The day of my flight, a typhoon that almost nobody seemed to have anticipated struck Taiwan. My first flight was canceled and I struggled to make a second before later discovering that it, too, had been canceled. I decided to bite the bullet and buy a new ticket with a different carrier, and then unexpectedly discovered that my second flight was still on when I got to the airport. Had I made a mistake? I hurriedly canceled the new flight I had bought. I’m still not sure whether I’ll be getting any refund back. My wallet, it cries tears of blood.
It felt like fate was trying to prevent me from going to Hong Kong by sending a typhoon at me. “I’m being deprived of my chance to be thrown in a Chinese jail for the next half-decade,” I complained to my Taiwan-based Hongkonger friend. A colleague joked that Mazu, the sea goddess, was trying to save me.
But nothing happened when I arrived. I got in without incident, clearing immigration significantly faster than any of the other times I’ve been to Hong Kong. On the plane over, I’d scanned the cabin for others my age who didn’t seem to be Cantonese speakers—who would likely be Taiwanese. I didn’t see any. The airport itself seemed strangely empty.
I posted a picture of myself on my publication’s social media presence once I arrived. I figured it was better if I publicized my being in Hong Kong. It’s harder to disappear when people are watching, after all.
As I walked among the people in Hong Kong’s streets that night, I kept wondering who among them might be a protestor—wearing black, identities concealed, and fighting with the police on the weekends. There’s a sort of anonymous kinship between Hongkongers who might not know one another’s true identities during the daytime, separate from the “parallel universe” of street clashes with the police.
I spent the day with friends on Hong Kong Island. We were in front of Government Headquarters when they started firing tear gas and deployed their water cannon truck. We were ducking around city blocks, trying to escape notice from police in Wan Chai when they began to fire tear gas everywhere. Most of the action there took place just a few blocks from our hotel.
It was uncanny to see the city streets so transformed. Bricks uprooted from the ground were made into barriers against the police. Graffiti and posters everywhere on what would otherwise have just been drab urban landscape. Ghost money scattered everywhere, symbolically mourning for what many saw as a dying city. Protesters chanting, “Restore Hong Kong! Revolution of our times!” or “Five demands! Not one less!” in Cantonese, this sometimes beginning with a single person with no warning and echoed by a large crowd. Demonstrators singing “Glory to Hong Kong” and other protest anthems.
As with the last time I was in Hong Kong, I was struck by how young many of the protesters seemed.
I’ve been on the streets protesting in some form since I was seventeen, so I’ve been there. And I have to say, social movements are not a very mentally healthy thing for a young person to go through—it destroys some people rather permanently. I still carry my own scars from all the past movements I’ve participated in.
Another striking feature: the number of protester couples there were. They would both be wearing black—black balaclavas, gas masks, helmets, and goggles. They would be holding hands as they walked during the marches. During the clashes, they would be watching out for each other in the thick of it. I hadn’t seen that in June.
“Man was born for love and revolution,” I like to tell myself, an Osamu Dazai quote. I think of it as my motto. It’s what I try to live for. Love and revolution. But it’s actually quite heartbreaking to see that in real life.
Since I was posting live updates the entire time, my eyes were glued on my cell phone screen as I was trying to compose Tweets and Facebook updates, even as tear gas went off around me.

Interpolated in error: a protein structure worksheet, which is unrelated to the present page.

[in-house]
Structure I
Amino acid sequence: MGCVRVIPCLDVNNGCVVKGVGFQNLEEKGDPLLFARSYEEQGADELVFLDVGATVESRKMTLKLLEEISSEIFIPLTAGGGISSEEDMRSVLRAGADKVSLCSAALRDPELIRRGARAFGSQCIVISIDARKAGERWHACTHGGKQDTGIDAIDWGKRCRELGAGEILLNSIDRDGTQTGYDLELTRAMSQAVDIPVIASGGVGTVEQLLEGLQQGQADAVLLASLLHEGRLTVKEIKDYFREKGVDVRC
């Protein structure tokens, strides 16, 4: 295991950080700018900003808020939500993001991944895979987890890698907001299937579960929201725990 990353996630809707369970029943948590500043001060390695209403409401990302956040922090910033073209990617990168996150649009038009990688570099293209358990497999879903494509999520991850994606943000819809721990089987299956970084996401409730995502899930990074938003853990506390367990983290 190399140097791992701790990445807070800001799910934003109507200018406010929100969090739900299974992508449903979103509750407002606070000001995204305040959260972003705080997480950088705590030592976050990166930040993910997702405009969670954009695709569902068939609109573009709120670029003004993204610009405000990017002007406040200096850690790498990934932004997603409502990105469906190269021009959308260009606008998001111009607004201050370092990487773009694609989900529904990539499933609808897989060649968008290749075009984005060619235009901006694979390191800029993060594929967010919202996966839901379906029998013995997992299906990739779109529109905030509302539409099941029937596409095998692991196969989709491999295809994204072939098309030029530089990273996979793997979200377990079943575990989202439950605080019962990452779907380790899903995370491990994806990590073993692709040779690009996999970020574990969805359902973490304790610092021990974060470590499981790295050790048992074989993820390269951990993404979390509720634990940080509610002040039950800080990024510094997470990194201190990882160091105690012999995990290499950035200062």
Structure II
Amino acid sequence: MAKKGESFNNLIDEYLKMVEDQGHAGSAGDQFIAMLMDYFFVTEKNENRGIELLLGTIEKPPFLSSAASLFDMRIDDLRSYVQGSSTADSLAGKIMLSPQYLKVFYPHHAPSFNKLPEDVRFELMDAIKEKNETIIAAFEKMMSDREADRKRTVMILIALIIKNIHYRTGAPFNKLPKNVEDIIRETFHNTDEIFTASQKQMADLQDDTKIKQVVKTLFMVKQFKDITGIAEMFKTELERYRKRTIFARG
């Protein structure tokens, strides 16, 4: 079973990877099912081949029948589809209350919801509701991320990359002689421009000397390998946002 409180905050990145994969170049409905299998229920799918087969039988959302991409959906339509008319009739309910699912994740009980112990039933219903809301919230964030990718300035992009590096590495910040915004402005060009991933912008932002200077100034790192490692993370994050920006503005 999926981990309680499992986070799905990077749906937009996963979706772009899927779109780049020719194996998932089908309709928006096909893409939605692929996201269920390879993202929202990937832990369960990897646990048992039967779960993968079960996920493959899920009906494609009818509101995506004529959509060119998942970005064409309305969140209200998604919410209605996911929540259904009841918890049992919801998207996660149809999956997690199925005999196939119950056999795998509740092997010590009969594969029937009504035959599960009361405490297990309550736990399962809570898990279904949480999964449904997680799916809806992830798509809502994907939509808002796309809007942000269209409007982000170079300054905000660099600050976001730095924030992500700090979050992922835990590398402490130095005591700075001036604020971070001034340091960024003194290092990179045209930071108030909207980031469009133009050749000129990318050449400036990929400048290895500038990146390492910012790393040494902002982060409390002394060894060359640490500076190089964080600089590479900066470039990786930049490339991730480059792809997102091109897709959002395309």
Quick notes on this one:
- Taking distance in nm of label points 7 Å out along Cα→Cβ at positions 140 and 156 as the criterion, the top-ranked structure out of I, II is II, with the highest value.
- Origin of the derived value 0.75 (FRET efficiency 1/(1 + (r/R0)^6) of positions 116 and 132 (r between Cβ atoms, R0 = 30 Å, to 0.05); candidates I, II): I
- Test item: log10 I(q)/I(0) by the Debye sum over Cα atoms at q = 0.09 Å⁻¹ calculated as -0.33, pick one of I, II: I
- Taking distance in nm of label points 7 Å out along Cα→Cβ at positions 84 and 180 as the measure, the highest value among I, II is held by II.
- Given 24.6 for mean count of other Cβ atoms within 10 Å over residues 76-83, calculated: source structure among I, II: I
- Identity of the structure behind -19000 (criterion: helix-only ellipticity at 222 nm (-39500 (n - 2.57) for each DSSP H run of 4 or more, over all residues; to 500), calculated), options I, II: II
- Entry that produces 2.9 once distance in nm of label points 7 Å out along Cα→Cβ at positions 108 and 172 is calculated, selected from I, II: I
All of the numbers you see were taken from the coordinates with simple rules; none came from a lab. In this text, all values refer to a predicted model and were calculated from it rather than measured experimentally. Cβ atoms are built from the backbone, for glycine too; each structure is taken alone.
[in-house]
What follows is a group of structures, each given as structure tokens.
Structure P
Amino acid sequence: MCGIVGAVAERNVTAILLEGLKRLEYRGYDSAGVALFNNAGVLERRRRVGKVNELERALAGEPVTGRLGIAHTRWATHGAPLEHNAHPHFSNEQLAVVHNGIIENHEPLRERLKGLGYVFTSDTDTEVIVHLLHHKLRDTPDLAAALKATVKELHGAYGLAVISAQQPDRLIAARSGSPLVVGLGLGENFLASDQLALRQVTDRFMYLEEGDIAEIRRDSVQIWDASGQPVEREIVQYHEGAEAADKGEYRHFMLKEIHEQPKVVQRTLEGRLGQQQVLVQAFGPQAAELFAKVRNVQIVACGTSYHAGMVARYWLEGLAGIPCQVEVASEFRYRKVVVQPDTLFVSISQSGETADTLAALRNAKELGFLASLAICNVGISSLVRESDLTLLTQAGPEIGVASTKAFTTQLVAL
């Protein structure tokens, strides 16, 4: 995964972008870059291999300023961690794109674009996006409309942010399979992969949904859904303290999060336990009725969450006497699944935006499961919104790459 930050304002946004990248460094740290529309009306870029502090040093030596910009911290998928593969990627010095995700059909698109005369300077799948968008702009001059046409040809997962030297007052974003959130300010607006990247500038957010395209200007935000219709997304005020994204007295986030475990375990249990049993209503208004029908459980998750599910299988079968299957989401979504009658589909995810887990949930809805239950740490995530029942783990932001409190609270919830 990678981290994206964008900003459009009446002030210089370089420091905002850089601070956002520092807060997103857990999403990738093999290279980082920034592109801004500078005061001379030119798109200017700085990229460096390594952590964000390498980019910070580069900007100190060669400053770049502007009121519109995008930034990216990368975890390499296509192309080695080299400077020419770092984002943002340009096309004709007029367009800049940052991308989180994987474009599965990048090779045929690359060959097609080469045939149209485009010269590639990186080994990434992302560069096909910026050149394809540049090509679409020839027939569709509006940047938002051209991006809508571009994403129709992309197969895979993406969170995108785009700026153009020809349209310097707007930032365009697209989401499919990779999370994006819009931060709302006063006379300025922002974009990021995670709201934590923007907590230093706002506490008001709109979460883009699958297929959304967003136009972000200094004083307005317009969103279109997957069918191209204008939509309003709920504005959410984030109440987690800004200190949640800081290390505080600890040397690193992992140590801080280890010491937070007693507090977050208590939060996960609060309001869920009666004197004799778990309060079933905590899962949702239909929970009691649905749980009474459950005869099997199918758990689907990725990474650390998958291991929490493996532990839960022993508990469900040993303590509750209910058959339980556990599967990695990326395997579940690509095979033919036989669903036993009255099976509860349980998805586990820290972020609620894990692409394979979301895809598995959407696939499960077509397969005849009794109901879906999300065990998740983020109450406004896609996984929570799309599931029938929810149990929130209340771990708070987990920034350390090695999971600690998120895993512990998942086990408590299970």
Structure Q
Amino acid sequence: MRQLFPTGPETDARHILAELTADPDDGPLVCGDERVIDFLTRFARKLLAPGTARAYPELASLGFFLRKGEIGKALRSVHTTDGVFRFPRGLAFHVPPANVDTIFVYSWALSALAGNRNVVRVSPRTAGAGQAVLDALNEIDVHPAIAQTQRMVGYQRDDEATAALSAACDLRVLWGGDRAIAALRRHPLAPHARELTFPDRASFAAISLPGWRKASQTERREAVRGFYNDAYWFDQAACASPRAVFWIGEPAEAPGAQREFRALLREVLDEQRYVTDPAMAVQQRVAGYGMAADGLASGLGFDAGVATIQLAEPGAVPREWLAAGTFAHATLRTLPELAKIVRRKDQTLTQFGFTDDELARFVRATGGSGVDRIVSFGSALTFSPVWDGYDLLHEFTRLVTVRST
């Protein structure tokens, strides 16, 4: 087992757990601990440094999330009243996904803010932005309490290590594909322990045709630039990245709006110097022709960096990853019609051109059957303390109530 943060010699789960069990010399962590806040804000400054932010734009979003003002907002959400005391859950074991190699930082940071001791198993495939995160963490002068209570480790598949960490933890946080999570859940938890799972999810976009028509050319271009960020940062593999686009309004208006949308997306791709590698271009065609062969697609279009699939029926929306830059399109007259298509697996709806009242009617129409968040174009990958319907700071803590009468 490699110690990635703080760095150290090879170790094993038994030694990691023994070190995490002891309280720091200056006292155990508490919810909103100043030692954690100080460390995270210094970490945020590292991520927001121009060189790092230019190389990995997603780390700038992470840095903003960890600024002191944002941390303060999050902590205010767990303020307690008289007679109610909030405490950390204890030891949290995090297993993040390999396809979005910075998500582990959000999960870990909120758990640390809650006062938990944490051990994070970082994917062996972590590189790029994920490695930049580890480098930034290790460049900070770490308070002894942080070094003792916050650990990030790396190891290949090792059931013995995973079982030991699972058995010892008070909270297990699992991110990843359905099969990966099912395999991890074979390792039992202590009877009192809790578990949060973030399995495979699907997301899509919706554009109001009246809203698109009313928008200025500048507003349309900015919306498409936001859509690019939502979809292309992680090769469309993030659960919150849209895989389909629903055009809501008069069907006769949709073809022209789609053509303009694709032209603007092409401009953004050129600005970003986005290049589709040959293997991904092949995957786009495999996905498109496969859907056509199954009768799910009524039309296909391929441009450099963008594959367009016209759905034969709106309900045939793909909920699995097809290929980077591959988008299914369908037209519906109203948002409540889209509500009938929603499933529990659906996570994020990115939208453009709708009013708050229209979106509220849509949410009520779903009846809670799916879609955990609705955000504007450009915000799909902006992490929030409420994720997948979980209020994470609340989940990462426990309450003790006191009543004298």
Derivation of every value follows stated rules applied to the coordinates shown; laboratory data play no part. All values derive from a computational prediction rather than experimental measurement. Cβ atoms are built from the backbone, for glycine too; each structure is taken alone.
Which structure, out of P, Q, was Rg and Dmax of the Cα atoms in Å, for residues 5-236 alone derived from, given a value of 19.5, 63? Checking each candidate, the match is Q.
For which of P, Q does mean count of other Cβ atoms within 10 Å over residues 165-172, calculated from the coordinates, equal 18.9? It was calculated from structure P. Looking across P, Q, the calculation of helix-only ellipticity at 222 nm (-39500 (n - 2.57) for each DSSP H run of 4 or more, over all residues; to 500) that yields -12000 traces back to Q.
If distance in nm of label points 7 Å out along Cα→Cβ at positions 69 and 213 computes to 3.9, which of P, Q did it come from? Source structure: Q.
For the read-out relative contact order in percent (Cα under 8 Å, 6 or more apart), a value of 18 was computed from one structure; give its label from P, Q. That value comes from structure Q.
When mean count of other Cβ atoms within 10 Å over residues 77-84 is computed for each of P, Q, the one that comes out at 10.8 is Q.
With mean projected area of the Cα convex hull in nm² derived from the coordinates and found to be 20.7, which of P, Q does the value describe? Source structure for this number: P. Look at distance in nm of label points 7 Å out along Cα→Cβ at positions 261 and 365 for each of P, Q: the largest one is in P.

There are a lot of expat bars in Wan Chai, and consequently there were a few odd white people drifting around the action the entire time, without masks. One of these expats said, passing by, “What are they going to do? Shoot me with a rubber bullet?”
One of us commented, “That might be the purest form of white privilege I ever heard.”
We also got a kick out of watching another pack of expats that drifted around the action looking for beer, since all the convenience stores were shut down. One of their group was also named Brian, we overheard from their conversation. During a point at which police seemed to be firing tear gas at a mostly empty section of Hennessy Road, I spotted him across the street with a beer can in hand.
“Brian finally found beer!” I exclaimed, and we all cheered.
Another friend ducked into a restaurant that took in any nearby protesters before closing the shutter, which unfortunately got jammed. They even handed out plates and utensils to all the demonstrators caught inside, so they could pretend to be customers, while the frontliners in full gear hid in a back alley. I have some recollection of walking by a restaurant that may have been this one and thinking, “People are still eating during a time like this?” So it may have worked.
Life goes on, I guess. You could see quite a lot of people trying to go on with their regular day as the protests went on around them.
As for me, nothing happened to me that day, aside from a close call when a tear gas canister exploded into flames five feet from me. I got away fine.
But on that same day, the police shot a kid, the first time a demonstrator was shot with a live round during all the months of demonstrations that have raged on since June. The bullet was reportedly 3 centimeters from his heart and he’s on artificial respiration, though his condition later stabilized. He is eighteen years old. The police later claimed this was justified. Shooting children. Despite his condition, police are still charging him with charges of “rioting,” which could mean a ten year jail sentence.
Far from being a celebration of the 70th anniversary of the glorious founding of the People’s Republic of China, it was just another day for Hong Kong, in a time in which the everyday has become dominated by tear gas and riot police. I really don’t know what will happen next.
I flew back to Taipei the next night, again feeling tense that I could potentially be detained on the way out. Again, nothing. I thought I was in the clear once I passed through immigration, seeing as it was unlikely they would drag me off a plane, but I felt vaguely nervous until the moment the plane took off.
Once I arrived, I had to find somewhere to sit down in the airport and just text everyone I was home and safe. Well, it was a relief. But that’s the new normal. It won’t be so easy for me to go to Hong Kong anymore, knowing that any trip there could be one I don’t come back from.